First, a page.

State regulations aside, the base also has guidelines for driving regulations. The Minot AFB Instruction 31-116: Motor Vehicle Traffic Supervision para 2.6.1 states “Persons operating a motor vehicle on Minot AFB must have in their possession a valid driver’s license. Upon request, drivers must produce their driver’s license to any law enforcement or security official.”
However, the 5th Security Forces Squadron here on Minot AFB says they will adhere to expired out of state drivers license exemption policies as long as you also have a non-expired Military ID and a copy of your state’s license policy about expired license for AD or Dependents. If proper other identification is shown, then an out of state expired driver’s license will still be considered valid and therefore maintain the proper guidelines within driving on Minot AFB, according to TSgt Gonzales, 5 SFS NCOIC of Police Services.
North Dakota also agrees to other states extensions by saying on dot.nd.gov, “North Dakota honors military extensions from other states; however, you must verify your state has an extension and obey all the requirements of it. If your state does not have a military extension, or you do not have the required information to be eligible for it, you will be required to retest both the knowledge test and the road.”
So, when driving with an expired out of state drivers license, it is important to keep the policy and your military ID with you at all times for verification.
What about car registration? Does that need to be updated when I move states?
According to the same note in the SCRA, military members and spouses have to keep an updated vehicle registration on all vehicles at all times. But similar to before, the vehicle may be either registered in the state of domicile (residency)- if that state allows it- or the current state where one lives, in this case, North Dakota.
However, the stipulation remains in the hands of the state of registration and domicile, not that state of currently living in. And all states are different, so if you keep your vehicle registered in your home state (domicile) then you need to check that state’s policy about how to renew out of state. However, even if you do need to register your vehicle in North Dakota it does not mean you need to change your driver’s license or residency to North Dakota, pending you follow the previously mentioned stipulations.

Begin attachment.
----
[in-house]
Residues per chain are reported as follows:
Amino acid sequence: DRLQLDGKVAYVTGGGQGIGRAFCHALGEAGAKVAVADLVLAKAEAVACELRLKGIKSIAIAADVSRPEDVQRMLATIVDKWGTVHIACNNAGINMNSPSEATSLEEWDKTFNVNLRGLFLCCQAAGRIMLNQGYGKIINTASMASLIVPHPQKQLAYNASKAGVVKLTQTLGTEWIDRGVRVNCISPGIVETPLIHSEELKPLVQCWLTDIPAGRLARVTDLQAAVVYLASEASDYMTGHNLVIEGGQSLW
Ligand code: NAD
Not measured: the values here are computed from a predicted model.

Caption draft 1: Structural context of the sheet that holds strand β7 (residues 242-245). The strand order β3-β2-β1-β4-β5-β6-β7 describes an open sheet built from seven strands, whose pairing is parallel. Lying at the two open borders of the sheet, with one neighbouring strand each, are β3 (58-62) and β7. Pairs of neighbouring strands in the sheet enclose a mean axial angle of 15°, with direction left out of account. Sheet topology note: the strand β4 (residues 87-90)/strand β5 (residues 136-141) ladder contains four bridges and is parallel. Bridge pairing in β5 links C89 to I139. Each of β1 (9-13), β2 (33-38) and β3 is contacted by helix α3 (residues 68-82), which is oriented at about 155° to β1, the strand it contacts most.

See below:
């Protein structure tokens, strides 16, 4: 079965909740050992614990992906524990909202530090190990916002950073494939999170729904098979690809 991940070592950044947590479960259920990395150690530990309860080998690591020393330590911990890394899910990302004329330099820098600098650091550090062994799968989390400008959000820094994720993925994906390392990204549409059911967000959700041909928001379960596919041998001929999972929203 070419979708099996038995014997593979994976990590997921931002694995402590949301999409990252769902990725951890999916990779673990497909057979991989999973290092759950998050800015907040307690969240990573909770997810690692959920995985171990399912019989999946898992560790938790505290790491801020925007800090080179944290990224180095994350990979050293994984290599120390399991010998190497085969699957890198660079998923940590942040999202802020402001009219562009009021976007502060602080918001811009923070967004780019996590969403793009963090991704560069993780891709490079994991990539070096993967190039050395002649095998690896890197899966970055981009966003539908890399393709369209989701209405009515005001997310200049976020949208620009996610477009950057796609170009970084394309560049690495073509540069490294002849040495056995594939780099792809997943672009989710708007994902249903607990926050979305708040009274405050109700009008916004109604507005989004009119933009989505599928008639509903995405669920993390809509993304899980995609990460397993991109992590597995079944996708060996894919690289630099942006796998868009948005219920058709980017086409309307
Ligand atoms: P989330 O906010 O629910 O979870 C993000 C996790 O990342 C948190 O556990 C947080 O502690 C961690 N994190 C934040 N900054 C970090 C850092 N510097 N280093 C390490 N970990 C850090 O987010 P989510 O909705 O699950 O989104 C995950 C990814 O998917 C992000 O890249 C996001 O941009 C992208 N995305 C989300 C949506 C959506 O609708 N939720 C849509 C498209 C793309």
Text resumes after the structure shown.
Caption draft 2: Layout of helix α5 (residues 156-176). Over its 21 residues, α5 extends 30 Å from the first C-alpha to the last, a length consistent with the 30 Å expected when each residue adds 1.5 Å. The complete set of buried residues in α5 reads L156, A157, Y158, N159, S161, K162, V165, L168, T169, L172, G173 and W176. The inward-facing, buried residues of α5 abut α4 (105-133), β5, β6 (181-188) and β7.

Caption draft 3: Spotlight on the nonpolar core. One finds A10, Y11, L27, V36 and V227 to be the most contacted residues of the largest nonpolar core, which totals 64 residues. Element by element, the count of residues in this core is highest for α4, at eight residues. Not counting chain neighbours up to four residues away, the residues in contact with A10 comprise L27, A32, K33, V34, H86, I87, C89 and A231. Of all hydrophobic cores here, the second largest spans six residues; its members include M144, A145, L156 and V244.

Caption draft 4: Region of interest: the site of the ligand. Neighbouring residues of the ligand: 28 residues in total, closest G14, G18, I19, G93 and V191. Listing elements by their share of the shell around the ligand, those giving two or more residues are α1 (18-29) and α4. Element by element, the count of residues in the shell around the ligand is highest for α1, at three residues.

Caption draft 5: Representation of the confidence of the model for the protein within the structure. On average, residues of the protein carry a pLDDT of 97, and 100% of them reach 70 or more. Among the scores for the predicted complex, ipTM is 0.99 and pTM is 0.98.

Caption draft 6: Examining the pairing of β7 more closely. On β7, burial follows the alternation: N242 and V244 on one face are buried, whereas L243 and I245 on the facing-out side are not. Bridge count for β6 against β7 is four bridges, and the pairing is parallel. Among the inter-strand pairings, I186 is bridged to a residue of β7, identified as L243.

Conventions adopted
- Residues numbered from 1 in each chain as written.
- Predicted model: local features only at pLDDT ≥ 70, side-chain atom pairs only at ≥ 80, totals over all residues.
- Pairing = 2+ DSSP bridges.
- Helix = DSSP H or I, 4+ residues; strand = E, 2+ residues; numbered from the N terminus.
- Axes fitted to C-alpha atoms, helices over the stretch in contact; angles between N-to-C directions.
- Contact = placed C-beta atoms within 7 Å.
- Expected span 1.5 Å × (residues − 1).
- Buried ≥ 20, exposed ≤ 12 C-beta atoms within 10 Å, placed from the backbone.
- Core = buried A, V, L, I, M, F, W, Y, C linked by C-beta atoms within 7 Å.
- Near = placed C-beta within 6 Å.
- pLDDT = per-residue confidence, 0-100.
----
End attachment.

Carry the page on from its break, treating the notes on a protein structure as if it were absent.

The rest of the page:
Example: An AD and Spouse are both legal residents of Texas and maintain driver’s license and a car in the state when they got married. Then, the couple gets stationed in Louisiana, where they move and purchase a second car. That second car has to be registered in Louisiana because that is the purchase place. Their first car was purchased and registered in Texas and can keep Texas registration because Texas is a state that allows out of state registration and online payments every year. A few years later, the couple gets transferred to North Dakota. They drive both vehicles to the new state. The car from Louisiana will need to be re-registered in the state of North Dakota, because Louisiana is neither the state of domicile nor the state where they currently live, but the car registered in Texas can stay registered in Texas because Texas allows it and the couple will keep their Texas driver’s licenses and state residency as well.
Additionally, some states require vehicles be inspected in-state, and if you are unable to bring your vehicle to that state for inspection -thus not having your registration up to date- you will need to re-register your vehicle in North Dakota. The SCRA does not cover vehicle registration extensions for the military, similar to the driver’s license one, but check with your state of registration to determine what they allow for military exceptions.
Please verify your state’s laws before driving with expired registration vehicles, which can get you in a lot of trouble.
As a side note: Military Members and Dependents need to update their car insurance when moving to a new state very soon after arriving. Each state will have different prices and stipulations for car insurance, and this is really important to keep updated after every PCS. Car insurance has nothing to do with state residency or place of driver’s license.